(CN) - The U.S. government has settled a bankrupt Getty Petroleum's share of a castastrophic, decades-long oil spill in Brooklyn and Queens that dumped between 17 and 30 million gallons of oil and petroleum products into the soil around Greenpoint, N.Y., the Justice Department and the Environmental Protection Agency said Tuesday.
The settlement comes three years after Getty Petroleum Marketing, Inc. and Getty Terminals Corp. filed for bankruptcy protection. Getty operated oil production and storage facilities along Newtown Creek - one of dozens of oil companies to do so throughout the last century.
In 1978, a U.S. Coast Guard helicopter on a routine patrol discovered a plume of oil spilling into the creek. Subsequent studies found petroleum contaminating the soil in a 50-acre radius of the spill, and cleanup efforts began in earnest in the 1990s.
EPA has estimated the spill at 30 million gallons, nearly three times the amount of oil dumped in the Exxon Valdez spill in 1989.
The area is now an EPA Superfund cleanup site, which allowed the federal government to go after Getty and other oil companies for their role in the environmental disaster.
Preet Bharara, U.S. Attorney for the Southern District of New York, called Getty's role in the spill "a sad legacy."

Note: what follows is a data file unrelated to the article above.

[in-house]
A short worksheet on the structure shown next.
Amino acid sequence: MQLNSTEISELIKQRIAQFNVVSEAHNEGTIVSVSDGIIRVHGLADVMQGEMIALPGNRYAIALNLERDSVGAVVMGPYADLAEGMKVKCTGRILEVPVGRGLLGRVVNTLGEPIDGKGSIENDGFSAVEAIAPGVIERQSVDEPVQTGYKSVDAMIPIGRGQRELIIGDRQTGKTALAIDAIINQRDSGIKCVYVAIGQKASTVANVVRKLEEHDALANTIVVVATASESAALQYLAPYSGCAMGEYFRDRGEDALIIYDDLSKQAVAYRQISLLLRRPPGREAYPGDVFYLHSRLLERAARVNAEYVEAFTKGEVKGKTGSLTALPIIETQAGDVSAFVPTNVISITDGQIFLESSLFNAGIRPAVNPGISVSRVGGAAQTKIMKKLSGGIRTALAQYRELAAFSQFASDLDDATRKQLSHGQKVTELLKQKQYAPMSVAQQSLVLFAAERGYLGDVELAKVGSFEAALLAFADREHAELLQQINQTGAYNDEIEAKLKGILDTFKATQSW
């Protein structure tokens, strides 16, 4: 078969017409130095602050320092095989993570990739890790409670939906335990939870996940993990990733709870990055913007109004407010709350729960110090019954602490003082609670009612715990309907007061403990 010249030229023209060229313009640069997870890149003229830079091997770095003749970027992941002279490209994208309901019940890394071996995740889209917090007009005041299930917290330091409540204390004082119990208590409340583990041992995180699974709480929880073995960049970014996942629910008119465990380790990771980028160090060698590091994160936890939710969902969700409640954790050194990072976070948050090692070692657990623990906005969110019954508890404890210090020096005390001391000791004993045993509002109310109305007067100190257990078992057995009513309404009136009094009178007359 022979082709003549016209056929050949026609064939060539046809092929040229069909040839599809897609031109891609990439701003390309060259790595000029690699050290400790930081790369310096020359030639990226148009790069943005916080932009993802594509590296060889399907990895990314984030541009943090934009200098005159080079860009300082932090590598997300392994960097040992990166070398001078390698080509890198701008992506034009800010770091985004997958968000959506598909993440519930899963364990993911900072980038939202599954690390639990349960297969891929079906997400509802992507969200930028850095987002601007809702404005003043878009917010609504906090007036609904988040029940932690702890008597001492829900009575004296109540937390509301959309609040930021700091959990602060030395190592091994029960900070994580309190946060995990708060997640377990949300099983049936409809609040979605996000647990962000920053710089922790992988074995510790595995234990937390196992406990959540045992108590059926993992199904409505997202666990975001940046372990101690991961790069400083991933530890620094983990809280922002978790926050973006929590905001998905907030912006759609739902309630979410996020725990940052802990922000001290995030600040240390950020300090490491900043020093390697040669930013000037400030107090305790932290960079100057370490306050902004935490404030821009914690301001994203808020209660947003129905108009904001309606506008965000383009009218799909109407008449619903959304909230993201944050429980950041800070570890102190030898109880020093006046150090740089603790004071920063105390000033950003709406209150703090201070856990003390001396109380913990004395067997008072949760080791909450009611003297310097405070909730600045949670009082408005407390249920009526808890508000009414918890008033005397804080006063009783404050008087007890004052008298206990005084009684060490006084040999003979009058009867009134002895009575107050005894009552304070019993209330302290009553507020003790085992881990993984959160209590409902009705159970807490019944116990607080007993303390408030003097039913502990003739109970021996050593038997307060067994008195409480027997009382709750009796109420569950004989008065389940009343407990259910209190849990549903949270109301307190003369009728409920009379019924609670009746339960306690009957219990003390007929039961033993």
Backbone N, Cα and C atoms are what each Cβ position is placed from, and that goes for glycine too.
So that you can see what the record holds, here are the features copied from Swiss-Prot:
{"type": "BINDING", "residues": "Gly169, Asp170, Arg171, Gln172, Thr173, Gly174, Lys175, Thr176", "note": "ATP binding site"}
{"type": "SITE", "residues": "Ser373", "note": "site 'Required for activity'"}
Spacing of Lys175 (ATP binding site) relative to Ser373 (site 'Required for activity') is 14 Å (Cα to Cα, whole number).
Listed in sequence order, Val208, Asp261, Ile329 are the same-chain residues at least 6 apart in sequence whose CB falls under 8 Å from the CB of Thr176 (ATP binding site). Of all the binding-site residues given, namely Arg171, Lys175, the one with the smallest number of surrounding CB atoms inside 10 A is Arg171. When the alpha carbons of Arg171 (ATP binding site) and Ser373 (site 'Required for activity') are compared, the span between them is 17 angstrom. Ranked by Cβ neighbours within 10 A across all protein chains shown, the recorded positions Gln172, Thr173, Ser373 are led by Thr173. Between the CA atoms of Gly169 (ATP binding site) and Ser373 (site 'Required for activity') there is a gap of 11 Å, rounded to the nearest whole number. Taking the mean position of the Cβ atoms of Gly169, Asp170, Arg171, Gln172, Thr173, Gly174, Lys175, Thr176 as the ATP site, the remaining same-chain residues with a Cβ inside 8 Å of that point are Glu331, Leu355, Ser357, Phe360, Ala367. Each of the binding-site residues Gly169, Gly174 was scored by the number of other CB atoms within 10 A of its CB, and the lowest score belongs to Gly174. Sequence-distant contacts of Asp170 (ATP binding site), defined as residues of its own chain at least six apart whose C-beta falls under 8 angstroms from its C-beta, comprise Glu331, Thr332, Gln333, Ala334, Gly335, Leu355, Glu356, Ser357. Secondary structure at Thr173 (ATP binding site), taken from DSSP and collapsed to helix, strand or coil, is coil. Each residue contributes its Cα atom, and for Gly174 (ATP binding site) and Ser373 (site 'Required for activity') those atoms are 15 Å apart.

"For more than a century, irresponsible industrial activities turned Newtown Creek into a tributary of toxic waste," Bharara said in a statement. "Today's settlement ensures that Getty takes responsibility for its contribution to that sad legacy, and pays a fair share of clean-up costs at the site. This office is committed to holding those who contaminate our nation's lands and waterways accountable for their actions, and bankruptcy is not a free pass for polluters."
EPA regional administrator Judith Enck touted the Superfund law, which guarantees that gross polluters - and not U.S. taxpayers - foot the bill for these massive cleanup efforts.
"The Superfund program operates on the principle that polluters should pay for the cleanups, rather than passing the costs to taxpayers," Enck said. "Getty's decades of irresponsibility and indifference to the environment could pose significant environmental risks to Newtown Creek communities and must be addressed."
In the settlement agreement filed in bankruptcy court Tuesday, Getty's bankruptcy trustee acknowledged the company's roll in the Newtown Creek fiasco and admitted to another spill in October 2005.
The U.S. government will receive a $14.8 million claim to recoup the EPA's cleanup costs, and another $1.16 million for the Interior Department and the National Oceanic and Atmospheric Administration for damage to natural resources and assessment costs.
But the final amount of Getty's payout will be determined by the bankruptcy court, the Justice Department said. The settlement agreement will also be open for public comment for 30 days before submitting it to the court for final approval.
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